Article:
conclude he was not up to the task of taking care of Americans at home.
''It's certainly possible this could become a defining event for people,"
Rothenberg said. ''I think if people feel personally he dropped the ball on
this, it could become a problem for him."
Members of the Congressional Black Caucus yesterday blasted Bush for his
failure to quickly address a crisis that has largely affected poor
With the president criticized for a late and slow response, the White House
also dispatched two of the administration's most popular figures to meet
with storm and flood victims: Laura Bush and Secretary of State Condoleezza
Rice. As Laura Bush met with hurricane victims in Lafayette, La., Rice --
who grew up in central Alabama -- announced yesterday she will tour the area
to assess how to use the offers of aid and manpower pouring in from foreign
nations, including some of the world's poorest countries.
Rice, who is African-American, dismissed suggestions that race was a factor
in the response to the deepening crisis in New Orleans, which has a
predominantly black population. ''I just don't believe it," Rice said.
But many Americans and their congressional representatives seethed over the
nation's domestic and foreign troubles yesterday.
Representative Edward J. Markey, Democrat of Malden, said he passed a
constituent who had just paid more than $60 to fill her gas tank. ''Get rid
of Bush," Markey said the woman yelled out her car window.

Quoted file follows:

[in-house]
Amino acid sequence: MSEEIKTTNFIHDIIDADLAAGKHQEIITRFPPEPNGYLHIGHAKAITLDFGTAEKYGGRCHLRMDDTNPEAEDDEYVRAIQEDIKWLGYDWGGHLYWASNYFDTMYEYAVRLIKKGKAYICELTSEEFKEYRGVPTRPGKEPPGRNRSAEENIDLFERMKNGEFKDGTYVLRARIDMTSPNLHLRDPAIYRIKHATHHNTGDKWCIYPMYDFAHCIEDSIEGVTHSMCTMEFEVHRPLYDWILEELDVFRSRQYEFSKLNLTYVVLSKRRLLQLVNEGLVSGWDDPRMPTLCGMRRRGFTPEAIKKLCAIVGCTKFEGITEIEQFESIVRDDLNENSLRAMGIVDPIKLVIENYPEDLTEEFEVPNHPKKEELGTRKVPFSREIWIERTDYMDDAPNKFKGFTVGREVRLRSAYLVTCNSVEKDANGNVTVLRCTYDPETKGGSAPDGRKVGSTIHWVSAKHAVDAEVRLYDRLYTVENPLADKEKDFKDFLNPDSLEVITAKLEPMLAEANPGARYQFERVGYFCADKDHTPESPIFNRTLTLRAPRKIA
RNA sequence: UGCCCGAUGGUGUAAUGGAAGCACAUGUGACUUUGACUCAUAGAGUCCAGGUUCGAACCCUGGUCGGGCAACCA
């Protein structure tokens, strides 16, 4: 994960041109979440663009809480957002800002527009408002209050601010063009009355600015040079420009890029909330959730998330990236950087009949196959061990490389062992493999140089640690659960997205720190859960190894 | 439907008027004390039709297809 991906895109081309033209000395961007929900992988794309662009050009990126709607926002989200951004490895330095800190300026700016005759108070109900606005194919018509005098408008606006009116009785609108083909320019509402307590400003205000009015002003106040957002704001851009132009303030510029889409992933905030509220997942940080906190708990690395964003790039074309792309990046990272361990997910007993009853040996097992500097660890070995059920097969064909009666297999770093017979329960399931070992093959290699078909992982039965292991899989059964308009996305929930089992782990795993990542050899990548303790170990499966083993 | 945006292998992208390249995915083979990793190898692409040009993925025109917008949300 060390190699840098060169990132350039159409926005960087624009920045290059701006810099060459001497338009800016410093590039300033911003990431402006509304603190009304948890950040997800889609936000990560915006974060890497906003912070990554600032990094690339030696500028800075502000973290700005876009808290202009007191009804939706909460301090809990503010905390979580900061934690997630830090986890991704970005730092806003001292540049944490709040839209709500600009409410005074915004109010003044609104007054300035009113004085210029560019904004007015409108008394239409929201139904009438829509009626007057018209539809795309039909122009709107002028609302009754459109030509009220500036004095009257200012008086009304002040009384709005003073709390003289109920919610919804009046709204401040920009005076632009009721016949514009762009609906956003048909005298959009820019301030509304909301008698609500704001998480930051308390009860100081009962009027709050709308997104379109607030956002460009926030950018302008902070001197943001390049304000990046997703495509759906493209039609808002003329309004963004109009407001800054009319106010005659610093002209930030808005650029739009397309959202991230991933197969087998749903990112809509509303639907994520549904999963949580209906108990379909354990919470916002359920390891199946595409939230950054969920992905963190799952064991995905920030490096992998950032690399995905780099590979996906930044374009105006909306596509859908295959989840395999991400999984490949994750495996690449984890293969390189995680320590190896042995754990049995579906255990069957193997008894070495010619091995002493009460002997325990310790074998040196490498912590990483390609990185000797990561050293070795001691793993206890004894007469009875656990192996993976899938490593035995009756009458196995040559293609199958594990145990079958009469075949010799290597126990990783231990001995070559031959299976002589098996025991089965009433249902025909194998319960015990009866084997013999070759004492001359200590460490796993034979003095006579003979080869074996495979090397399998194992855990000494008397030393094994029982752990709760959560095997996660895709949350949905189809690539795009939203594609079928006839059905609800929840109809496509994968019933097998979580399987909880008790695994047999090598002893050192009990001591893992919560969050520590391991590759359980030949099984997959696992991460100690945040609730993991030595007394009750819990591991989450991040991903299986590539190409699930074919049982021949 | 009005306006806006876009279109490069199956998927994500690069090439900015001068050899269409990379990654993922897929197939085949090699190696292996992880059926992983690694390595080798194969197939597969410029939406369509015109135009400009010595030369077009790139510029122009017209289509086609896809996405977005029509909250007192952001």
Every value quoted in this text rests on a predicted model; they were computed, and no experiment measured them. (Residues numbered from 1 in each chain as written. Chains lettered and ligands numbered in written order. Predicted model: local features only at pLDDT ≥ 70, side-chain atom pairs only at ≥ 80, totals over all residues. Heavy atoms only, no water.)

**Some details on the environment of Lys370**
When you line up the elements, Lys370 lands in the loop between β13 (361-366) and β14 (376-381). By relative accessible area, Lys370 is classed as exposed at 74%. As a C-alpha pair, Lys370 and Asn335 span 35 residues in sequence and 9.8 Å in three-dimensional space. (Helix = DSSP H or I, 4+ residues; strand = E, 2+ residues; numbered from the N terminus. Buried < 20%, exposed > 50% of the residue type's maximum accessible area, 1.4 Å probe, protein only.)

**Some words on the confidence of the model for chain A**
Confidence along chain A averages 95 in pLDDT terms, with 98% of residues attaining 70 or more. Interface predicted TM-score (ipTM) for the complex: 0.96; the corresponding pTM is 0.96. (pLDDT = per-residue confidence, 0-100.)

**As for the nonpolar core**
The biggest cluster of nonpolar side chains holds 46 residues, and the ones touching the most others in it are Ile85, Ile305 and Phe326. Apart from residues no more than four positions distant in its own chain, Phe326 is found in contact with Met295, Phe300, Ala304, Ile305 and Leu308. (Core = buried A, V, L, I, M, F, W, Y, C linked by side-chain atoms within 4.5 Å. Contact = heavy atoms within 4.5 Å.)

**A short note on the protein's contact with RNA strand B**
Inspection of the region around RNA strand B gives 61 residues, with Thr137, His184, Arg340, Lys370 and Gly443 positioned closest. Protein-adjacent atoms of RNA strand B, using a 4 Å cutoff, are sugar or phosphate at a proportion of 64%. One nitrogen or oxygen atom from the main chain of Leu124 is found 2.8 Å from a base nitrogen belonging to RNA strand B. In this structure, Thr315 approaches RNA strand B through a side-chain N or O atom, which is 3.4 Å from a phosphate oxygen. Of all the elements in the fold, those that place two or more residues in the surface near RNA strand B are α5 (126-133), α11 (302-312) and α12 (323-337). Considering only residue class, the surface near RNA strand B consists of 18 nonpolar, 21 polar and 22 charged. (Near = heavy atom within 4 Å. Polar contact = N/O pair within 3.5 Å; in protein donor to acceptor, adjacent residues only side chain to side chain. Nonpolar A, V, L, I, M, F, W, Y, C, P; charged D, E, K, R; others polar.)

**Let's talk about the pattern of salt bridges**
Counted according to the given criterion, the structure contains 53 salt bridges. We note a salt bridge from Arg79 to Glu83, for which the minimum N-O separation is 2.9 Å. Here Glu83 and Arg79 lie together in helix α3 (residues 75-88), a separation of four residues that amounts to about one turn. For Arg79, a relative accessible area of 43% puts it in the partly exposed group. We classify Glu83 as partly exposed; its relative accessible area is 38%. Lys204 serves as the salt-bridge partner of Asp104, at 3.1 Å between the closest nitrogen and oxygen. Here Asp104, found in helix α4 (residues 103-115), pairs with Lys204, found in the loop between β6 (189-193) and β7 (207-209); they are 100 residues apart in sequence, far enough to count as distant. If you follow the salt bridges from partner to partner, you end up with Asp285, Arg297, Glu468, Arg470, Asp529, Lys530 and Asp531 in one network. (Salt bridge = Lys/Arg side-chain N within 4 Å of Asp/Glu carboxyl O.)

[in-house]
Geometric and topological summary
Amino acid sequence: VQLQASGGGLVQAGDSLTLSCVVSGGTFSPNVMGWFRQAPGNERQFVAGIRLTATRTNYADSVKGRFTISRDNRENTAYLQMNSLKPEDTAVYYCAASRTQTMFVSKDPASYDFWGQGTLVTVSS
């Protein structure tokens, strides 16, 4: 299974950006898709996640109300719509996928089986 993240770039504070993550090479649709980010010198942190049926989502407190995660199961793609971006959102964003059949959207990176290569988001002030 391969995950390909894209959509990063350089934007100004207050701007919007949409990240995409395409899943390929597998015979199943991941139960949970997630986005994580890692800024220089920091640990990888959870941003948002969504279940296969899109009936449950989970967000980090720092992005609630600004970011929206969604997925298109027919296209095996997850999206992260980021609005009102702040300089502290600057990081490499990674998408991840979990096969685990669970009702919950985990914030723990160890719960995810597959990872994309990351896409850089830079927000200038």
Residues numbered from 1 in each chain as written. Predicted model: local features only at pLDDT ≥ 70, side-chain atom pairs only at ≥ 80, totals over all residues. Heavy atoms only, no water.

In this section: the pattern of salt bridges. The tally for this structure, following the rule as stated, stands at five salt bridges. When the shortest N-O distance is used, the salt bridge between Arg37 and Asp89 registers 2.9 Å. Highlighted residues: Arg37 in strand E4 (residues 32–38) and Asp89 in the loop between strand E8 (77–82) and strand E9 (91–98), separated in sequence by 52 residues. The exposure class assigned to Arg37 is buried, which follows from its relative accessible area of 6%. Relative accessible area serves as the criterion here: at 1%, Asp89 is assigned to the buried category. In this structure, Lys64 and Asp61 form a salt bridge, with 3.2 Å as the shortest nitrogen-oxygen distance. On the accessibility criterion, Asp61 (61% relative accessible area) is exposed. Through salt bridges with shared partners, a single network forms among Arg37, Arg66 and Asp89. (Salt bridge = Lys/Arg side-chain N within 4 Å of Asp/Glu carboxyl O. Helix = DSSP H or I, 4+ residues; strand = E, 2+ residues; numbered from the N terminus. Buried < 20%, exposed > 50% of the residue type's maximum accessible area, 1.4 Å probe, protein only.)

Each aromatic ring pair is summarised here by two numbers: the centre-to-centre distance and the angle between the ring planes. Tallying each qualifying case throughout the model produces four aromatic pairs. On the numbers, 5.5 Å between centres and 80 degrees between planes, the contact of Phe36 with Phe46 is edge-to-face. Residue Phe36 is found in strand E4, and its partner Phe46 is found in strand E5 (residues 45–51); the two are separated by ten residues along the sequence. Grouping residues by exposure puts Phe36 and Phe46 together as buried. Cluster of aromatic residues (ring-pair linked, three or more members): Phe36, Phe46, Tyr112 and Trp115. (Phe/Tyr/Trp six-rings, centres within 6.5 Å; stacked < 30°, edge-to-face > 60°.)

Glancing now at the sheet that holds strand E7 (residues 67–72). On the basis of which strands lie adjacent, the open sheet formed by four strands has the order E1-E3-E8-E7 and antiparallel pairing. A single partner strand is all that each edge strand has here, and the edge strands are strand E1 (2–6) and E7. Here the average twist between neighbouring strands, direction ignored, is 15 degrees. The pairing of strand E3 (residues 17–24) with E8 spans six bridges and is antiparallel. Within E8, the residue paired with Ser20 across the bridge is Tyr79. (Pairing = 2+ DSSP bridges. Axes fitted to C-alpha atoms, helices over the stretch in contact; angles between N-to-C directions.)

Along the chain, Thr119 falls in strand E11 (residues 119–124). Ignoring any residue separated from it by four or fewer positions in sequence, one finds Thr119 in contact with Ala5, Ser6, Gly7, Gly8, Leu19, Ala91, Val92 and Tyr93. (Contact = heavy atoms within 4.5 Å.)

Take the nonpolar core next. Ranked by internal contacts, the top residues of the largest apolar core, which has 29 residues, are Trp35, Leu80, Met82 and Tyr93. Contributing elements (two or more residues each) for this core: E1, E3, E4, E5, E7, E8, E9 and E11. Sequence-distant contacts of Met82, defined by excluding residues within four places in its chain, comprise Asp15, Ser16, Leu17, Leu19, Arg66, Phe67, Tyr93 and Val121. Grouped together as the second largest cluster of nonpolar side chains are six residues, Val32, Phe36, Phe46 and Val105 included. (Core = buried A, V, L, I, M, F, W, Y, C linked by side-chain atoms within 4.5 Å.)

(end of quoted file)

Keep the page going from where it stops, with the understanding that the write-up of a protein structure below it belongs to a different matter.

''We're just being swamped with calls on both subjects -- energy prices and
their disgust at how poorly the Bush administration has responded to this
catastrophe," Markey said.
A CBS poll released yesterday showed Bush's approval ratings at an all-time
low of 41 percent. Historically, presidents' approval ratings tend to
increase during a national crisis.
Though Bush praised Michael Brown, head of the Federal Emergency Management
Agency, for his work, Republican leaders in the Senate said yesterday they
would conduct oversight hearings into FEMA's response to the catastrophe --
a highly unusual act by a Republican-led Congress normally reluctant to
investigate officials in its dominant party.
Meanwhile, Republican leaders ranging from Massachusetts Governor Mitt
Romney to former House speaker Newt Gingrich criticized the rescue effort.
''I think it puts into question all of the Homeland Security and Northern
Command planning for the last four years, because if we can't respond faster
than this to an event we saw coming across the Gulf for days, then why do we
think we're prepared to respond to a nuclear or biological attack?" said
Gingrich, who represented Georgia in Congress.
Republican Senators Herb Kohl of Wisconsin and Mike DeWine of Ohio asked the
Bush administration to look into reports of price gouging by gas sellers.
Roy Blunt of Missouri, a Republican and the House majority whip, delivered
an unusually critical assessment of the federal response, saying public
safety should have been secured before rescue missions began.
''I hope lessons have been learned that we have to respond more quickly, we
have to respond in the right ways, and be sure our priorities are right,"
said Blunt, normally a strong ally of the Bush administration.
Louisiana lawmakers in both parties were deeply unhappy with the relief
effort, lauding the House's final passage yesterday of $10.5 billion in
preliminary aid but wondering why the process wasn't moving more quickly.